Shandaken supervisor Stanley looks to infrastructure in 2018


Rob Stanley

In 2018, the Town of Shandaken will address such projects as sprucing up infrastructure in Pine Hill, continuing to work on flood resilience, reapplying for funding for the Phoenicia Water System’s High Street Loop, and revisiting the town’s Comprehensive Plan, including policies for Airbnb rentals. Rob Stanley, starting his ninth year as town supervisor, outlined the prospects for the coming year.

“Our Comprehensive Plan hasn’t been updated since its inception in 2005,” explained Stanley. “The State Department recommends reviewing it every five years or so. With all the zoning and planning board issues that have come up lately, our zoning code may need updating, and hopefully the comp plan will lead in that direction. Some definitions are outdated or in need of a better description. If you went through the code, you could probably find something about stagecoaches.”

Short-term home rentals like Airbnb, for instance, are not addressed in the code. The planning board has had discussions about how to regulate such rentals but is waiting for Ulster County to come up with overall guidelines for dealing with noise and safety issues. “The comp plan is just a blueprint,” said Stanley, “not a binding document, but it indicates where the town would like to go. My biggest concern with Airbnb is that you lose a sense of community when you have a lot of homes with transient residency. Then there’s also the affordable housing situation. Local young people can’t afford to stay here. That shack down the road that people used to rent for a couple bucks a month is now up for a couple bucks a night. We have to get a better handle on it.”


A Pine Hill revitalization project has stalled pending a parking study. One goal is to widen Main Street and have new sidewalks put in. The current sidewalks are made of bluestone, installed in the early 1900s and now close to street level due to the many repavings of the street adding layers over the years. Finally the sidewalks too were paved over to raise them slightly above the road. As the street is widened, some parking spaces may be lost; hence the need for a parking study, to be funded by Catskill Watershed Corporation (CWC).

The town remains committed to flood mitigation endeavors in Pine Hill, in Phoenicia, and now, especially since a Local Flood Analysis (LFA) was completed for Allaben and Shandaken, in those hamlets as well. The Route 28 bridge, at the Route 212 junction in Mount Tremper, is due for replacement by New York State in 2020. The town is already beginning conversations with the state’s Department of Transportation about designing the new bridge with flood mitigation in mind, as per recommendations of the Mount Tremper LFA. “The bridge can be a bottleneck when it floods,” said Stanley, “so it should be made longer to allow for floodwaters to pass through.”

Buyouts, loop, ski gondola

FEMA has sponsored property buyouts near the bridge, where Hurricane Irene devastated several homes. Stanley hopes for more buyouts and demolition of flood-damaged buildings, which will allow floodwaters more access to the floodplain, protecting other structures near the creek. Levees and other flood control devices can then be removed, giving the creek more freedom to run its course without damage, especially along Riseley Road.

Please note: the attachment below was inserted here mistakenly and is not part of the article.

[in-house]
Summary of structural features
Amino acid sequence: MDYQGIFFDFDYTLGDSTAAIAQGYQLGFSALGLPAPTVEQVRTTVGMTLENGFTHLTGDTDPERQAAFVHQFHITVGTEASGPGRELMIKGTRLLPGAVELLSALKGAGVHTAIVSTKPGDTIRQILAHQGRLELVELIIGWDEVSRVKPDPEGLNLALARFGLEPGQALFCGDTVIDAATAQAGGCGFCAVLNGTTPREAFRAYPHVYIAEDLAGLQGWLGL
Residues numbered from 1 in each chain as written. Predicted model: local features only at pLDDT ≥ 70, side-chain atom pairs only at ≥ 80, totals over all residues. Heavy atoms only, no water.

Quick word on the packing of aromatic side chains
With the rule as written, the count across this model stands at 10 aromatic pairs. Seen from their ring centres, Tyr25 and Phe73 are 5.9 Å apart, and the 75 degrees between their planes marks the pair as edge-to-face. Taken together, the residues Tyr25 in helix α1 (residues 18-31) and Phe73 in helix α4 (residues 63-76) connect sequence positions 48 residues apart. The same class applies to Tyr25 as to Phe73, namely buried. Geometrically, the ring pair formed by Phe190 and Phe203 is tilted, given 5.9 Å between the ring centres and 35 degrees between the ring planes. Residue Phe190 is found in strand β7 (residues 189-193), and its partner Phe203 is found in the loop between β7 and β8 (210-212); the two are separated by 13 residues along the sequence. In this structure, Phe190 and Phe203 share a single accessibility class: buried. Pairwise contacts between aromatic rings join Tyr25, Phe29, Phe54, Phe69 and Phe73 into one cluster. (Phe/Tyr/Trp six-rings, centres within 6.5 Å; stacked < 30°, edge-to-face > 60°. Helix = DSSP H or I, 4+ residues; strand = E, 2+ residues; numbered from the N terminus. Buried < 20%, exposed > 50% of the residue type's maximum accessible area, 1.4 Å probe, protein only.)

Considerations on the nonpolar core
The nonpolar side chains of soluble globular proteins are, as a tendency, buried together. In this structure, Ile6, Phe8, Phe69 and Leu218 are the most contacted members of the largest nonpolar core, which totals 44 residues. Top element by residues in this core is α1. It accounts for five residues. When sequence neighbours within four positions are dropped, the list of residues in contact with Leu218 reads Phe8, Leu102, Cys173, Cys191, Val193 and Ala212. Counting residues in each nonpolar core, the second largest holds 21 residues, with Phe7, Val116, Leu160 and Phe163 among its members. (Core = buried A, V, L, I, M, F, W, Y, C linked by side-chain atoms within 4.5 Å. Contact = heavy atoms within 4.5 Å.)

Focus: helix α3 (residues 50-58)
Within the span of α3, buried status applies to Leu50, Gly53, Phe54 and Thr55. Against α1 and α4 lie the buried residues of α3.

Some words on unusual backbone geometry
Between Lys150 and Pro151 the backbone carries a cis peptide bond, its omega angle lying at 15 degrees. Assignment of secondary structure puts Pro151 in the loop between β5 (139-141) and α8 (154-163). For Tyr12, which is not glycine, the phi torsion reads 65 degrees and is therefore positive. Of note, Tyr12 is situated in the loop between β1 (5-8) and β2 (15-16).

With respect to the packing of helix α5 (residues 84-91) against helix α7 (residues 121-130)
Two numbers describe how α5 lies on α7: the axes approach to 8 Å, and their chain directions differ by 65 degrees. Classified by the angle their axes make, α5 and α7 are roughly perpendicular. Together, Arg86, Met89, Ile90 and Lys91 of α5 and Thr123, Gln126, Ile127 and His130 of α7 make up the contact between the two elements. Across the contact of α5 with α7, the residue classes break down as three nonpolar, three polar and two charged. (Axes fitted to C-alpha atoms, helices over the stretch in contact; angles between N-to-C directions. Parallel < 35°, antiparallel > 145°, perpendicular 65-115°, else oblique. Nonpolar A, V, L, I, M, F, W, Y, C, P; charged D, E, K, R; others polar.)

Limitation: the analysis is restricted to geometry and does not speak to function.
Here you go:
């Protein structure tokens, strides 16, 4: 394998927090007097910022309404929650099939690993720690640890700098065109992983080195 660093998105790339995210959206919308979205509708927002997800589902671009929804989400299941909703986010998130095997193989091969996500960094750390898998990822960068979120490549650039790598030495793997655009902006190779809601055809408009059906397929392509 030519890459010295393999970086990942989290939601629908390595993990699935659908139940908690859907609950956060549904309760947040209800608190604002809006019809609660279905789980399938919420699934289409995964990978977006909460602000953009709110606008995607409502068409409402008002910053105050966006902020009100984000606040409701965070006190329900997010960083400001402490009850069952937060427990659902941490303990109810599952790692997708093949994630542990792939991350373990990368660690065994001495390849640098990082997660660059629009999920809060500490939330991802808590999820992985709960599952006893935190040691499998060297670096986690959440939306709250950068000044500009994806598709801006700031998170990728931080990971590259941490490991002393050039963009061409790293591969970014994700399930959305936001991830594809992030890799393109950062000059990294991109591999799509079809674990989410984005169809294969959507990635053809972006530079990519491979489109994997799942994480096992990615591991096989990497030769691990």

An upgrade for the Phoenicia water system has been in the works, but last year a grant for completing the High Street Loop, a backup measure for the south side of the water district, had to be closed out prematurely. “The estimates came in much higher than the engineers’ original estimate,” said Stanley. “We’ll apply for the next round with new pricing. We’ve got all the numbers hardened, and we’ve already gone through prequalifying environmental review. We’ll start applying in April, and they’ll award the grants in June or July. If all goes goes well, we’ll start construction before the end of the year.”

Stanley expressed gratitude for Governor Andrew Cuomo’s decision last year to earmark $8 million for upgrades at Belleayre Ski Center. “The gondola is a very attractive addition to the mountain,” said Stanley. “I hope the governor continues investing in Belleayre.” The ski resort is a significant tourist draw in winter, when the town’s economy otherwise tends to struggle.

Work will continue on updating local parks, including the set-up of playground equipment that arrived in late fall. Volunteers were not able to install the equipment before the ground froze. “Our plans for a skate park may come to fruition in Pine Hill,” said Stanley. “Our new town councilman, Kevin Van Blarcum, is willing to spearhead that project. And we’ll try to assist the Festival of the Voice and other events to continue to grow and be established here.”++

For Shandaken news and announcements, visit the town website,, or the Town of Shandaken Facebook page. With a few exceptions for holidays, town board meetings are held on the first Monday of the month at the town hall, 7209 Route 28, Shandaken. See the calendar on the town website.